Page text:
Beyond efficiency: A systematic classification of RDFS-based Semantic Web reasoners and applications

Tracking #: 2483-3697

Simona Colucci
Francesco Maria Donini
Eugenio Di Sciascio

Responsible editor: 
Guilin Qi

Submission type: 
Survey Article
In this paper, we present a systematic classification of 48 RDFS-based Semantic Web reasoners and applications, with the aim of evaluating their deductive capabilities. In fact, not all such applications show the same reasoning behavior w.r.t. the RDF data they use as information source and the ability of reasoning is not a binary quality: it can, e.g., consider or not blank nodes denotation, include different subsets of RFDS rules, provide or not explanation facilities. For classification purpose, we propose a maturity model made up by three orthogonal dimensions for the evaluation of reasoners and applications: blank nodes, deductive capabilities, and explanation of the results. For each dimension, we set up a progression from absence to full compliance. Each RDFS-based Semantic Web reasoner/application is then classified in each dimension, based on both its documentation and published articles. We did not consider efficiency from our evaluation on purpose, since efficiency could be compared only for systems providing an equal service in every of the above dimensions. Our classification can be used by implementers of RDFS-based Semantic Web applications, for choosing a suitable reasoning engine, or to decide at what level an in-sourced reasoning service could be implemented and documented.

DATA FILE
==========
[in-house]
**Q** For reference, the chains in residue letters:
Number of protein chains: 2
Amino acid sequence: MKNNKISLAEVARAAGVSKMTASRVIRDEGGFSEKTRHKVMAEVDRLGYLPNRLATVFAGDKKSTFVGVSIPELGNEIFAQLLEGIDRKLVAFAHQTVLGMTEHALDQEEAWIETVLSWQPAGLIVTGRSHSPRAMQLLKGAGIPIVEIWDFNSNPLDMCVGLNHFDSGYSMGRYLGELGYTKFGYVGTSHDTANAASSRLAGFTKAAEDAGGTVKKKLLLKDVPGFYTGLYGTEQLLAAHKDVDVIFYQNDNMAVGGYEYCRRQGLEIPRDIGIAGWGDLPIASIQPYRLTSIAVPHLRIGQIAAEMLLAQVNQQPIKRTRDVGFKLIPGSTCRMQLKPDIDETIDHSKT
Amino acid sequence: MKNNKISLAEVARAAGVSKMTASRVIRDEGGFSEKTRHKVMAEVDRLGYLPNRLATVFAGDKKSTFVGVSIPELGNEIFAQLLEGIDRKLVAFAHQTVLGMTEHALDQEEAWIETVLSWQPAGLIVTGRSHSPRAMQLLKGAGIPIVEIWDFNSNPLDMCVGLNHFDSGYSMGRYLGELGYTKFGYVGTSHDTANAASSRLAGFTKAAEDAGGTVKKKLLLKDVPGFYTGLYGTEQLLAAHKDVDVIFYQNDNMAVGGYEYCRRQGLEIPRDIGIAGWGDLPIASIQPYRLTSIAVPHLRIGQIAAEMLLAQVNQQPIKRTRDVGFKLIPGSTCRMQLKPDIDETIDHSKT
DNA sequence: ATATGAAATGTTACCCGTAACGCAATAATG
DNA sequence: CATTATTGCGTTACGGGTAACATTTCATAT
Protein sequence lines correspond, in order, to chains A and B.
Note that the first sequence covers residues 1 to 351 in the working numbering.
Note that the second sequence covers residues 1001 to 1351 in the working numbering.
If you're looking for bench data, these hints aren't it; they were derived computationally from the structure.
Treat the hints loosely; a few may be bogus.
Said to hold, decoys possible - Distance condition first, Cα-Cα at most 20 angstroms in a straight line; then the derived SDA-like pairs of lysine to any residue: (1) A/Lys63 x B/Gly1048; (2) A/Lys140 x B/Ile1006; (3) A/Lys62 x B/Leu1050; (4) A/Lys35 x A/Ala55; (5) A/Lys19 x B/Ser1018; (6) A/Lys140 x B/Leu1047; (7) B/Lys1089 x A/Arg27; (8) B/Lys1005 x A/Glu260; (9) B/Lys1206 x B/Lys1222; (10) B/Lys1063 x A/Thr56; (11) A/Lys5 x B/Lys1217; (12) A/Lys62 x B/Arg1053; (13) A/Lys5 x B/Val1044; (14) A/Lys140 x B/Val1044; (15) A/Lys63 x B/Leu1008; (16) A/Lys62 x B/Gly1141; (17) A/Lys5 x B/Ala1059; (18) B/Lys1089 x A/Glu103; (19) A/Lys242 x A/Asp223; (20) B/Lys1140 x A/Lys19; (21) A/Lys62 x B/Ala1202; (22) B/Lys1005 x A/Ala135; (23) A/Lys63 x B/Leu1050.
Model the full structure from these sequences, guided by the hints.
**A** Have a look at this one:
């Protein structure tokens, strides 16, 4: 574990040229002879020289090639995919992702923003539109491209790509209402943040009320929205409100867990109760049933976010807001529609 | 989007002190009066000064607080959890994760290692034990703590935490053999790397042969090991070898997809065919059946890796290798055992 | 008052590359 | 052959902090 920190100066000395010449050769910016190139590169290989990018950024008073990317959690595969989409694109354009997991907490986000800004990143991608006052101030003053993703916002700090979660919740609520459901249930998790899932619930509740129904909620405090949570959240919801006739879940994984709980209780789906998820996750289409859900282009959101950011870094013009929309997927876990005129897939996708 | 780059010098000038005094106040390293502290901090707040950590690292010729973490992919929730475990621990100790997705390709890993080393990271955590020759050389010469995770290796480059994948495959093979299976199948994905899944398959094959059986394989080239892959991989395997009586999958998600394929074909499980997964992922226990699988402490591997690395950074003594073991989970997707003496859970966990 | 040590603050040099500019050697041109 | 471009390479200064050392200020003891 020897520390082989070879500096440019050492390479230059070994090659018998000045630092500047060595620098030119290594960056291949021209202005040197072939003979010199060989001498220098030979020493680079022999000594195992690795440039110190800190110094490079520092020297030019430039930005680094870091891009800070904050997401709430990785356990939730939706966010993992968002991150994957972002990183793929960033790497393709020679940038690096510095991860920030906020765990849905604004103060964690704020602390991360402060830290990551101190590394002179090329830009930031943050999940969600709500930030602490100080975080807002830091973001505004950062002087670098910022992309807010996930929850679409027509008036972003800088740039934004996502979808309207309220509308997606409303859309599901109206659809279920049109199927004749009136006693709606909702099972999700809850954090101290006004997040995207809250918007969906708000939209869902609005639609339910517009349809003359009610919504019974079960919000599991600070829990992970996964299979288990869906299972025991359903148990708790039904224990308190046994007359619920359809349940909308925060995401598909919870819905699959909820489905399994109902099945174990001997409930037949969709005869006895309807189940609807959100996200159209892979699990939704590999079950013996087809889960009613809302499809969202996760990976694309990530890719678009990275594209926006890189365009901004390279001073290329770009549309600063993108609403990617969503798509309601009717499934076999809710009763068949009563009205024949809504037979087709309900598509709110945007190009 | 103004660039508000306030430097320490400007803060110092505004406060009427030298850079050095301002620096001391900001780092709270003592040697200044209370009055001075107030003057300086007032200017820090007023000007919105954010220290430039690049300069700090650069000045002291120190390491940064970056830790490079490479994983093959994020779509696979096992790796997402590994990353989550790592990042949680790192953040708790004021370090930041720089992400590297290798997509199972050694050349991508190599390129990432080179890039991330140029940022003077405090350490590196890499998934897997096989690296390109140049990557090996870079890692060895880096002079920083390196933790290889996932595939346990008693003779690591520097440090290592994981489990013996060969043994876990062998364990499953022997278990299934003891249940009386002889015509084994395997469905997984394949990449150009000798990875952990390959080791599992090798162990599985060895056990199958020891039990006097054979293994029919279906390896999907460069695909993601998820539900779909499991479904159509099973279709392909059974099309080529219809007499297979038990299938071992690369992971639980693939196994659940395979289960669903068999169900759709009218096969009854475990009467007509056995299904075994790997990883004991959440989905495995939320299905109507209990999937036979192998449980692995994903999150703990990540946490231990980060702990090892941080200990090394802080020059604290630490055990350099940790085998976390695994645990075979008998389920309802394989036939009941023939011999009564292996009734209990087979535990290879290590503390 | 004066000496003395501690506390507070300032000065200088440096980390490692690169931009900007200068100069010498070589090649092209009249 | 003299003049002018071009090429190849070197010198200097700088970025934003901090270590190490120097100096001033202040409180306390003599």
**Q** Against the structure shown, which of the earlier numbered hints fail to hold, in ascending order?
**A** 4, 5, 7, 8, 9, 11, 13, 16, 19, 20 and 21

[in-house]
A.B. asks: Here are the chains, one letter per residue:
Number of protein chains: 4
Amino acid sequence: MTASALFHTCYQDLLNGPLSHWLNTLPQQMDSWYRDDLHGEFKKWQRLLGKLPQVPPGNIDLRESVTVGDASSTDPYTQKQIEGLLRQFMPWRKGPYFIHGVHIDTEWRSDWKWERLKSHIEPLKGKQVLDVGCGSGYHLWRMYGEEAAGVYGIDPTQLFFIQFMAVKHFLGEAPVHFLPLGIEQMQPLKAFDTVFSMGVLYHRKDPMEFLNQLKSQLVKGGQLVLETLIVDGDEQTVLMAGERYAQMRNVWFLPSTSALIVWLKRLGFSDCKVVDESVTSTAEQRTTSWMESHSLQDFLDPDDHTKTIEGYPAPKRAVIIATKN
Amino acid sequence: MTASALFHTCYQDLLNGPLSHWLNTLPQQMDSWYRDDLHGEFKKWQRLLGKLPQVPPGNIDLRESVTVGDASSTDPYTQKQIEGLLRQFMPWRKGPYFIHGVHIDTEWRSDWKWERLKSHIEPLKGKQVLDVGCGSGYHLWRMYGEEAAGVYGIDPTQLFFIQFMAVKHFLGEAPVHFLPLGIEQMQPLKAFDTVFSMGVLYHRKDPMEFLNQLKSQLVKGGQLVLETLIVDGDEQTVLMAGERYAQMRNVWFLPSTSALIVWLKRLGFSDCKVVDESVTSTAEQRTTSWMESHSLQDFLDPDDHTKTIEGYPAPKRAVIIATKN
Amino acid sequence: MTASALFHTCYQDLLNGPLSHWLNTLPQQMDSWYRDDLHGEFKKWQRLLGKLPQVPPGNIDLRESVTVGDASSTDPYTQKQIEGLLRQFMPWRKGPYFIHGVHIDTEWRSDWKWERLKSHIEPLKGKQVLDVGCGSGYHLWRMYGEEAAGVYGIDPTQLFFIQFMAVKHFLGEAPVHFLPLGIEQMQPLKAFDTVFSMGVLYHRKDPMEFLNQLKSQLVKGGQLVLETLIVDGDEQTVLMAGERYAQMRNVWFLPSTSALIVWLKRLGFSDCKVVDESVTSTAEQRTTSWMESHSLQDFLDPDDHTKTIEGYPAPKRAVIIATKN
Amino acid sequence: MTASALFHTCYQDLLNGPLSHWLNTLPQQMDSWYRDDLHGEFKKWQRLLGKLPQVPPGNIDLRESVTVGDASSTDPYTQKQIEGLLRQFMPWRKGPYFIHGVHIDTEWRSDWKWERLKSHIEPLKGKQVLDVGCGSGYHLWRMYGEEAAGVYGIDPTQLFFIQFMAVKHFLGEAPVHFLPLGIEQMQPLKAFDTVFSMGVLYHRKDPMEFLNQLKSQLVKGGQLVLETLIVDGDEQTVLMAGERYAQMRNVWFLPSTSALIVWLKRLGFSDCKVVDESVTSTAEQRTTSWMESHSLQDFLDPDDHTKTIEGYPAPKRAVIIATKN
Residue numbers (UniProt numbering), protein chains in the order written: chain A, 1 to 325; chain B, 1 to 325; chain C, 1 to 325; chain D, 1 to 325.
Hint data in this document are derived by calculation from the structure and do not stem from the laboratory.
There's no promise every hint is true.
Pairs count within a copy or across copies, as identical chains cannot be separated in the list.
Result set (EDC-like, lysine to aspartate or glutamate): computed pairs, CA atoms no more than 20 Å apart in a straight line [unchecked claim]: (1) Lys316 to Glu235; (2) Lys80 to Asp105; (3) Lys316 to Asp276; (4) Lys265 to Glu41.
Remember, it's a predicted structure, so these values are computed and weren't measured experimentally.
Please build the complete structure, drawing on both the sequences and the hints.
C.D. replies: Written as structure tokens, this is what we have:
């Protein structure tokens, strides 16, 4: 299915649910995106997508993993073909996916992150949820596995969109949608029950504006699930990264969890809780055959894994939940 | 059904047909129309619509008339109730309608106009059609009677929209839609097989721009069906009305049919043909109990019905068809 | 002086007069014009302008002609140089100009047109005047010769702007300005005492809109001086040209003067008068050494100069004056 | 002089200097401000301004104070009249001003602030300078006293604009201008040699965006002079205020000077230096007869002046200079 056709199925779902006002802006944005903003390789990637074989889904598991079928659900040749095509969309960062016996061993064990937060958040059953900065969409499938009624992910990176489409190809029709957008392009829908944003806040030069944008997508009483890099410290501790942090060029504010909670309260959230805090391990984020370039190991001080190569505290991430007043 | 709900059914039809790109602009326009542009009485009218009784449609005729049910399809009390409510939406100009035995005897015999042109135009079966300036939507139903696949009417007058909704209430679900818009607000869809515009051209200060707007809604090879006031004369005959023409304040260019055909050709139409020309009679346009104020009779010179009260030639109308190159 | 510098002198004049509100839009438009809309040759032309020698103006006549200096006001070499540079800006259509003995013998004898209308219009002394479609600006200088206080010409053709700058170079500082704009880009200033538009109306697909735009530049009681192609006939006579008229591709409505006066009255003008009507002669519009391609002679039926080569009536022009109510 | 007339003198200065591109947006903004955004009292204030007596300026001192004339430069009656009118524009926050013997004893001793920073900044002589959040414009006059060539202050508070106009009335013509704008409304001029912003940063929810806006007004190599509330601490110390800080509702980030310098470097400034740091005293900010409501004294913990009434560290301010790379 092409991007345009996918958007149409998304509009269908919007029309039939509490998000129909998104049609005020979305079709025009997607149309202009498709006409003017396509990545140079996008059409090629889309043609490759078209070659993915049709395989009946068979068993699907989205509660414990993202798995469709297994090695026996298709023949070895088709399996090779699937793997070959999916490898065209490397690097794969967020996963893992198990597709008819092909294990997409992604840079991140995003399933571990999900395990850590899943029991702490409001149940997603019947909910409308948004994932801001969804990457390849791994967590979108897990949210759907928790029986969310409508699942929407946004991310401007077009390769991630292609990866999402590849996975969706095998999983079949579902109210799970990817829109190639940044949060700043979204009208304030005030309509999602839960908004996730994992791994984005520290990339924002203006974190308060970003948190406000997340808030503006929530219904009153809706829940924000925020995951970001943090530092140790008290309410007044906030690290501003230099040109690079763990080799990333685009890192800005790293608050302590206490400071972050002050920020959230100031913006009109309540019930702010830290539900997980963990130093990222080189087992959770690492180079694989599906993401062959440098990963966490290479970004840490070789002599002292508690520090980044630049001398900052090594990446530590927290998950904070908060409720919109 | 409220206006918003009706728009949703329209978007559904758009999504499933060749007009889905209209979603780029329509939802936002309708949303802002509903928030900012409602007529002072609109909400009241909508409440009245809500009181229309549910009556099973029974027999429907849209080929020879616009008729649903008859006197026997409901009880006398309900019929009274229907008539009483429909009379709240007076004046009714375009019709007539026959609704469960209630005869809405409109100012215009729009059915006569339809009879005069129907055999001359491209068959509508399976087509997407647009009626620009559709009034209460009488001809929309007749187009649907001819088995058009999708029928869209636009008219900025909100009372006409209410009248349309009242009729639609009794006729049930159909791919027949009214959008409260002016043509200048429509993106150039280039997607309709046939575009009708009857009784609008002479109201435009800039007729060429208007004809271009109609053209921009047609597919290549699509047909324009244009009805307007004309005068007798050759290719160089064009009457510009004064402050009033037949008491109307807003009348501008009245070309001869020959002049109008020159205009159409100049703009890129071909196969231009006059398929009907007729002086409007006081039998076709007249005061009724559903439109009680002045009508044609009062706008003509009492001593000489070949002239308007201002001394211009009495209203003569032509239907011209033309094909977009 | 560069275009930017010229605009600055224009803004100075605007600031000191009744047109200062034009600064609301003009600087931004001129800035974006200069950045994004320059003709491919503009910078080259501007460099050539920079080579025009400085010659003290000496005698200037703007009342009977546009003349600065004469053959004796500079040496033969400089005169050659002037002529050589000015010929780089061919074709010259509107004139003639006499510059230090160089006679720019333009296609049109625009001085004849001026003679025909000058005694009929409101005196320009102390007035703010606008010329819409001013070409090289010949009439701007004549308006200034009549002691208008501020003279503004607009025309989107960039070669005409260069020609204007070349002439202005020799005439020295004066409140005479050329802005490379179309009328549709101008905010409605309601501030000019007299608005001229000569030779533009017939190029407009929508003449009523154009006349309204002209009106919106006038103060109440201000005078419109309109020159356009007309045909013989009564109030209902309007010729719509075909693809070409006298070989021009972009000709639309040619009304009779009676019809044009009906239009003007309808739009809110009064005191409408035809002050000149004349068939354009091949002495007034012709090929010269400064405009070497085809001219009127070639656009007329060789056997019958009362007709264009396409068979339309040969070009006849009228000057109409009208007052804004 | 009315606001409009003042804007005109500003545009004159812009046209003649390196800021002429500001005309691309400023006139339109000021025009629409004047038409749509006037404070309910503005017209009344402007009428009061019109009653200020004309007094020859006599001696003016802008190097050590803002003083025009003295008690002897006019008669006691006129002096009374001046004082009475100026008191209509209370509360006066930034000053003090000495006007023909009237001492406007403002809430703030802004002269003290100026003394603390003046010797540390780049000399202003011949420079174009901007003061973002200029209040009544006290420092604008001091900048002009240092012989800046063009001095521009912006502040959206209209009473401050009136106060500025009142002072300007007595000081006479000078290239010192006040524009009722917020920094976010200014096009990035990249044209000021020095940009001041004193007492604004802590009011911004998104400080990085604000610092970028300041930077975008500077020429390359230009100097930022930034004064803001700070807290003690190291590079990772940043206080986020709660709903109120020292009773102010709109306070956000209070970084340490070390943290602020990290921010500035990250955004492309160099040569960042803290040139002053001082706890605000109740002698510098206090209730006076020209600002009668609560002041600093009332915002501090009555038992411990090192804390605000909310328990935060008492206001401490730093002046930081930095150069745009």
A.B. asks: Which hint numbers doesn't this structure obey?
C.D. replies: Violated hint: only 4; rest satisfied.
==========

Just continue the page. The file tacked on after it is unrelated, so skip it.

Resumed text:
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Review #1
Anonymous submitted on 14/Sep/2020
Major Revision
Review Comment:

This manuscript was submitted as 'Survey Article' and should be reviewed along the following dimensions: (1) Suitability as introductory text, targeted at researchers, PhD students, or practitioners, to get started on the covered topic. (2) How comprehensive and how balanced is the presentation and coverage. (3) Readability and clarity of the presentation. (4) Importance of the covered material to the broader Semantic Web community.

Strong points:
1. This paper proposes a maturity model to evaluate reasoning engines. The maturity considers three orthogonal dimensions, e.g., consider or not blank nodes denotation, include different subsets of RDFS rules, provide or not explanation facilities.
2. This paper detailed illustrate these three dimensions and classify 48 RDFS-based SW reasoning engines on the maturity model. It makes sense to sort and classify reasoning machines.
3. This paper also provides some guidelines for extending their maturity model to other RDFS-based SW applications. This makes their model extensible.

Weak Points:
1. Language. It would help if you double-checked your grammar, commas, whitespace, etc.
At abstract, "made up by" should be "made up of" and "e.g.," misses a comma. "e.g.," should be ", e.g.,".
At introduction, the first sentence misses a comma after the introductory phrase "In this paper". "this sources" should be "these sources". It would be best if you considered adding a space before "Server by Intellimension". "we contribute to build" should be "we contribute to building".

2. This paper should contain an introduction to the basic concepts, not "We assume the reader familiar to RDF/RDFS syntax and semantics".

3. Even though you've done some research, I don't think it's enough work, nor is it innovative enough.

From the perspective of workload: